Subscribe to our Newsletter

click to dowload our latest edition



In the mood for Limmud

Avatar photo



At the time of writing, we were looking ahead with much anticipation to this coming weekend’s annual Limmud festival in Johannesburg. Each year, Limmud offers our community an unrivalled array of outstanding local and international speakers presenting on every conceivable topic of Jewish interest. Its audiences have been similarly diverse, the common denominator being a shared passion for exploring and learning more about Jewish heritage in all its facets. It’s this as much as the quality of the speakers that contributes to the general sense of excitement, buoyancy, and good fellowship that is one of the hallmarks of Limmud.

The South African Jewish Board of Deputies (SAJBD) has always been a staunch supporter of Limmud, whose commitment to the values of inclusivity and respect for diversity mirrors our own mandate to be as representative of the Jewish community as we can. Board representatives, both lay leaders and professional staff, also feature regularly on its programmes. This year, I will be moderating and National Director Wendy Kahn will speak in a panel discussion on trends in global antisemitism.

At Limmud in Cape Town over the past weekend, our Cape colleagues organised an “immersive session” enabling those present to “see what it feels like to sit around the Board table and tackle community challenges”. Using a theoretical incident loosely based on recent events at the University of Cape Town, audience members were given practical insights into the process the Board follows in addressing such matters, and asked to consider how they themselves would react in the same circumstances if they were in a leadership position. It was a most innovative and effective way of conveying not just the what, why, and how of the Board’s work, but in helping participants better understand the complexities involved and to appreciate that whatever we do as the community’s representative voice has implications that must always be taken carefully into account.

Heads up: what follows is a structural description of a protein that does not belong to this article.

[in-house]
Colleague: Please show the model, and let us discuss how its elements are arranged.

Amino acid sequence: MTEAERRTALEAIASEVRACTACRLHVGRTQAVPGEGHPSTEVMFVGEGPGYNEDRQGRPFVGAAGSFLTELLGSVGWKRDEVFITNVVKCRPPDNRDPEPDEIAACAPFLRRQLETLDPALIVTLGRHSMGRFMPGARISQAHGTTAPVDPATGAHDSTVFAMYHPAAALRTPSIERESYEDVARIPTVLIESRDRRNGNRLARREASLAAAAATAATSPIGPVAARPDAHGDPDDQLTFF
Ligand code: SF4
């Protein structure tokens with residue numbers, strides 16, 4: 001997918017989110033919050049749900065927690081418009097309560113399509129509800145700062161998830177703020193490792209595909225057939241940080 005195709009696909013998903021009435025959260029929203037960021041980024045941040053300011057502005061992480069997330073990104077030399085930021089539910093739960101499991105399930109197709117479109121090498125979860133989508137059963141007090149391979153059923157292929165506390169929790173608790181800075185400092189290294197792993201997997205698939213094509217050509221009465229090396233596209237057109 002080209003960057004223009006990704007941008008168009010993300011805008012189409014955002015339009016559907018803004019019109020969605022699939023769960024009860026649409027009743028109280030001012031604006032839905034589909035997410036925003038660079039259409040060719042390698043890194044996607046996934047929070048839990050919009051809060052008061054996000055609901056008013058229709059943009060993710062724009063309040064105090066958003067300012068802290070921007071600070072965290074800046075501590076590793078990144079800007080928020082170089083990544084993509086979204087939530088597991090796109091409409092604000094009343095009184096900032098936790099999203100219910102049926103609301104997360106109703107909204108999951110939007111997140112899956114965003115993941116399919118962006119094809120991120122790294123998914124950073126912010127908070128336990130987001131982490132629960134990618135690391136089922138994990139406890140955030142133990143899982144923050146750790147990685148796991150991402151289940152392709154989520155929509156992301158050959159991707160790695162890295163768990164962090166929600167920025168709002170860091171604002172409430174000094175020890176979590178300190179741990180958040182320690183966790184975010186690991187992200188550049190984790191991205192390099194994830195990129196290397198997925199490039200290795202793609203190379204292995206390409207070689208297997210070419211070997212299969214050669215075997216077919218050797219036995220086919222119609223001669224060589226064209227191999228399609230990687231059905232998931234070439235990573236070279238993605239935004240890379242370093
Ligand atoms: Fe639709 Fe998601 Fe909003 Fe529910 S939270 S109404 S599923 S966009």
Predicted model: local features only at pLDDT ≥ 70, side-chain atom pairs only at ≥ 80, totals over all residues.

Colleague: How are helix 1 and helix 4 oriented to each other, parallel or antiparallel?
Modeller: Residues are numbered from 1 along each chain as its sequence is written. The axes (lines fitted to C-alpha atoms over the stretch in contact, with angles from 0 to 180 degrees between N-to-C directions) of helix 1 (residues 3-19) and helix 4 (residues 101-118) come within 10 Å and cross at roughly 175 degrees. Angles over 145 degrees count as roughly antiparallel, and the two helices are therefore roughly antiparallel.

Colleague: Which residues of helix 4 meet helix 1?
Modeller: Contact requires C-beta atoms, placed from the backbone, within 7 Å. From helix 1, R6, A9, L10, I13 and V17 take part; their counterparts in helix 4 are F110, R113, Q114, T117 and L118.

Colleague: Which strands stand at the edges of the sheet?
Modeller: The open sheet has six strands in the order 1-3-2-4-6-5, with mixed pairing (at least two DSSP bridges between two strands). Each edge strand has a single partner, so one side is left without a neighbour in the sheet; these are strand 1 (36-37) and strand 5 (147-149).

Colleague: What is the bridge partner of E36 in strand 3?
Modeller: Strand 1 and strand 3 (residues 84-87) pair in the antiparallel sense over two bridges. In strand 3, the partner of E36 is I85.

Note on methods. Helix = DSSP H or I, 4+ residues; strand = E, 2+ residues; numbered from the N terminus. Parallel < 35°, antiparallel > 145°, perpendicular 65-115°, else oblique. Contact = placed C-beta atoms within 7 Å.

HIAS and the SAJBD

Earlier this year, we met a delegation from the Hebrew Immigrant Aid Society (HIAS), which was visiting to assess the situation regarding refugees in this country. We also helped to organise its programme, including facilitating meetings with local refugee organisations. The refugee community comprises the most vulnerable sectors of our society. Since 2008, when South Africa experienced what to date is still its worst outbreak of xenophobic violence against foreign migrants, the Board has regularly involved itself in initiatives on its behalf. Much of the relief work we co-ordinated on behalf of our community during the COVID-19 pandemic lockdown, for example, was in this area, where not having citizenship prevented many from accessing government-relief programmes. We were thus happy to learn that following its visit, HIAS has decided to establish an office in South Africa. Originally established to assist Jewish refugees from persecution, HIAS today is a humanitarian and aid agency that assists all displaced people around the world. The Board has always had a close working relationship with HIAS, particularly over the past decade. The projected opening of a local office will doubtless provide many further opportunities for building on this.

  • Listen to Charisse Zeifert on Jewish Board Talk, 101.9 ChaiFM, every Friday from 12:00 to 13:00.

Continue Reading
Click to comment

Leave a Reply

Your email address will not be published. Required fields are marked *